There's an old joke about Miami: Latin Americans love to visit the city because it's so close to the United States.
Then there’s the chestnut about Miami being the capital of Latin America. Or, Miami is Latin America where the phones work. And so on.
The point is, Miami takes pride in saying, We are Latin America as much as we are America. And that’s a good thing.
Except when it’s not.
This month researchers released data that show how scary the gap between rich and poor has become in this country. The split between the wealthiest one percent – those who make $394,000 or more – and the bottom 99 percent is wider than it’s been in almost a century. Between 2009 and 2012 incomes for the 99 percent grew a miniscule 0.4 percent while for the 1 percent they shot up more than 31 percent.
How does Miami figure in this bad news? Badly. Miami-Dade has the second-highest level of inequality among all large U.S. counties. The distance between Fisher Island and Liberty City has never seemed greater.
So Miami – and increasingly the rest of the U.S. – are indeed a lot like Latin America these days, but hardly in ways we should be.
Latin America has long had some of the worst (if not the worst) wealth inequality of any region in the world. But over the past decade, Latin America has been adding people to the middle class, while the U.S. has been dismantling its middle class. Especially in places like Miami: Since 2008, Miami-Dade’s poverty rate has leapt from 17.5 to 25 percent.
But that’s just the story’s first chapter. Miami also shares with Latin America too many of the traits that drive that inequality and poverty. Culprit No. 1: an over-reliance on low-wage industries like tourism.
There are two hard truths to swallow here. The first is that Miami is dead last among the largest U.S. metropolitan areas when it comes to workers trained for STEM-related (science, technology, engineering, math) fields – which is a big reason it’s next-to-dead-last in its ratio of high-tech companies to total workers.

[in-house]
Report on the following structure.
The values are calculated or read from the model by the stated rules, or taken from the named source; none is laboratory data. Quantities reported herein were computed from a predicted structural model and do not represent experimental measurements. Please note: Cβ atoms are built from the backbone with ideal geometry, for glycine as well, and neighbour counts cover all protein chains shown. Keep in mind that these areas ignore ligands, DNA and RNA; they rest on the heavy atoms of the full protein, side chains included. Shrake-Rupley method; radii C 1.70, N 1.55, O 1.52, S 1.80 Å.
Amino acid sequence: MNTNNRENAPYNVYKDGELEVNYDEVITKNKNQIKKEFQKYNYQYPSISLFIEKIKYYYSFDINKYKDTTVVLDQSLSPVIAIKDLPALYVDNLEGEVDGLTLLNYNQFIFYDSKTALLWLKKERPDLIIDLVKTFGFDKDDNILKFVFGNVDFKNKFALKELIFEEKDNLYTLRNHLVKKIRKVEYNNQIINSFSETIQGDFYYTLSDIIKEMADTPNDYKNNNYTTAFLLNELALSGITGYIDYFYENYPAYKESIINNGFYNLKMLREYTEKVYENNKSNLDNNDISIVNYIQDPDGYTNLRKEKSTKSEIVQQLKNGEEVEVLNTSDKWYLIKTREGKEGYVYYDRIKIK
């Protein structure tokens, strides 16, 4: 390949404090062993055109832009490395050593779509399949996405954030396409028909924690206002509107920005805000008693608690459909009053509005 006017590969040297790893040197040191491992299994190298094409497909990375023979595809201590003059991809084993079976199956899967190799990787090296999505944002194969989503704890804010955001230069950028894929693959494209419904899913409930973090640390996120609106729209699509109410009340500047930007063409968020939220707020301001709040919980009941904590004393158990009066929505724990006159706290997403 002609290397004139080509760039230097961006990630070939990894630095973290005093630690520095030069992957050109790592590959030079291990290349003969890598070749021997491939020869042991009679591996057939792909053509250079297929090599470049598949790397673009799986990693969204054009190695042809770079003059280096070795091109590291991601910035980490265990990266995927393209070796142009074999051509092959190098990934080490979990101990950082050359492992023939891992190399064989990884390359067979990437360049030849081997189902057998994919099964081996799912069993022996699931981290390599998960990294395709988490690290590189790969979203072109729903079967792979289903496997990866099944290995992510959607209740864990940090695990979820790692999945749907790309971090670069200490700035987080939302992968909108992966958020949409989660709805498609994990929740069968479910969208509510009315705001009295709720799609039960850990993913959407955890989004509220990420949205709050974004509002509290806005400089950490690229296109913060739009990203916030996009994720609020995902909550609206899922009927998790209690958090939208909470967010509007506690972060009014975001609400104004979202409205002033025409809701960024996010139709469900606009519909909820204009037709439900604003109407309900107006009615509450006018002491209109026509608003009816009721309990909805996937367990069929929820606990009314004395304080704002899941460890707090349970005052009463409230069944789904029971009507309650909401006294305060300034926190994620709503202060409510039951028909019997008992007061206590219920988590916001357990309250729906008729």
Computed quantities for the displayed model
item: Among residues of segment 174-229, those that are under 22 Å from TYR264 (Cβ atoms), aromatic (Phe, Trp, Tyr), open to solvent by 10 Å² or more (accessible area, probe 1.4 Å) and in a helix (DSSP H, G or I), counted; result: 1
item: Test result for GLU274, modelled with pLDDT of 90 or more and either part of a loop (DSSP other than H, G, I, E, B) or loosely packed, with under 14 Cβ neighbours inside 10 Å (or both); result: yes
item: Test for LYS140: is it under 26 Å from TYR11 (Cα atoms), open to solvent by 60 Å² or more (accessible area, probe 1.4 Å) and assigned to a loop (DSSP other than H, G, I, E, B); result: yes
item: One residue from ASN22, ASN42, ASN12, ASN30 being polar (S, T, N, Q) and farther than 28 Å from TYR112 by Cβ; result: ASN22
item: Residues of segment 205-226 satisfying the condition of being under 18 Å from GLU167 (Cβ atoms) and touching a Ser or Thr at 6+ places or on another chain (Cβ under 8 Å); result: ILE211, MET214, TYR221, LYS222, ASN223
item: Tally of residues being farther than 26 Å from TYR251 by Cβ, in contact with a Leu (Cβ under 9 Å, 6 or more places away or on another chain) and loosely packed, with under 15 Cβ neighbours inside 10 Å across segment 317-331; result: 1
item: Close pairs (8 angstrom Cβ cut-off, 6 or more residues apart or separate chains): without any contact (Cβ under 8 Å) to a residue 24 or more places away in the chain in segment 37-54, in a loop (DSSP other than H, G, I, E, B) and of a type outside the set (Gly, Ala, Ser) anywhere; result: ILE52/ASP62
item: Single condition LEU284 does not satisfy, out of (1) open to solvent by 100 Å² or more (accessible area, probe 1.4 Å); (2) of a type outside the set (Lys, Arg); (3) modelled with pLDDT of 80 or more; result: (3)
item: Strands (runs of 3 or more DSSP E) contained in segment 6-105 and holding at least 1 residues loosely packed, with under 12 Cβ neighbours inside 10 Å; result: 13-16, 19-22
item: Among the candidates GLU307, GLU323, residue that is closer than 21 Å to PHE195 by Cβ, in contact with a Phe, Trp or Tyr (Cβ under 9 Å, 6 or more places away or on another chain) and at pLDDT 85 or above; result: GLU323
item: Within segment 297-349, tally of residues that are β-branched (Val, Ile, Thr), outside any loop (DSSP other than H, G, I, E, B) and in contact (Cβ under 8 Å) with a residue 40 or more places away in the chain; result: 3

Where else is that dearth of science education and tech industry a chronic millstone? Latin America, which accounts for a paltry three percent of the world’s R&D compared to 30 percent for Asia.
The second, says Florida International University business professor Jerry Haar, is that most of the immigration Miami receives emanates precisely from that tech-challenged region, especially the really tech-challenged Caribbean basin.
Haar is no xenophobe; he knows how valuable immigrants are to Miami’s growth. But he has a point. “The skill set coming here is more commensurate with basic service sectors,” he says, “when what we need is more programmers.”
Haar warns that even Miami’s fledgling campaign to build a high-tech base raises red flags. “Rather than luring mother ships and later-stage companies like Dell in Austin, [Texas], or Microsoft in Washington [state],” he says, “we’re infatuated here with start-ups that often can’t sustain themselves and don’t produce many jobs.”
So given that dismal scenario, where does the talent that Miami does produce go? Not Miami. In fact, according to a 2011 study by Texas-based Avalanche Consulting, “Miami-Dade seems to be educating workers for other communities” – just as Latin America seems to be educating workers for other continents.
Here’s another dubious way in which Miami can say, We are Latin America: sub-par police pay. As WLRN’s Wilson Sayre reported last week, the $45,929 starting salary for a Miami cop is 20 percent below that of Fort Lauderdale.
Yet another: corruption. Three Miami-Dade mayors arrested within a month this past summer for alleged corruption or ethics charges. We’re Brazil without the bossa nova.
Did I mention rude and reckless driving? Enough.
Of course Miami should take pride in its Latin American bonds. We’re talking about the continent that gave us Gabriel García Márquez and Simón Bolívar and Celia Cruz.
But Miami – and the U.S. as a whole – need to think harder about our growing resemblance to the more dysfunctional face of developing regions like Latin America. It’s not a joke anymore.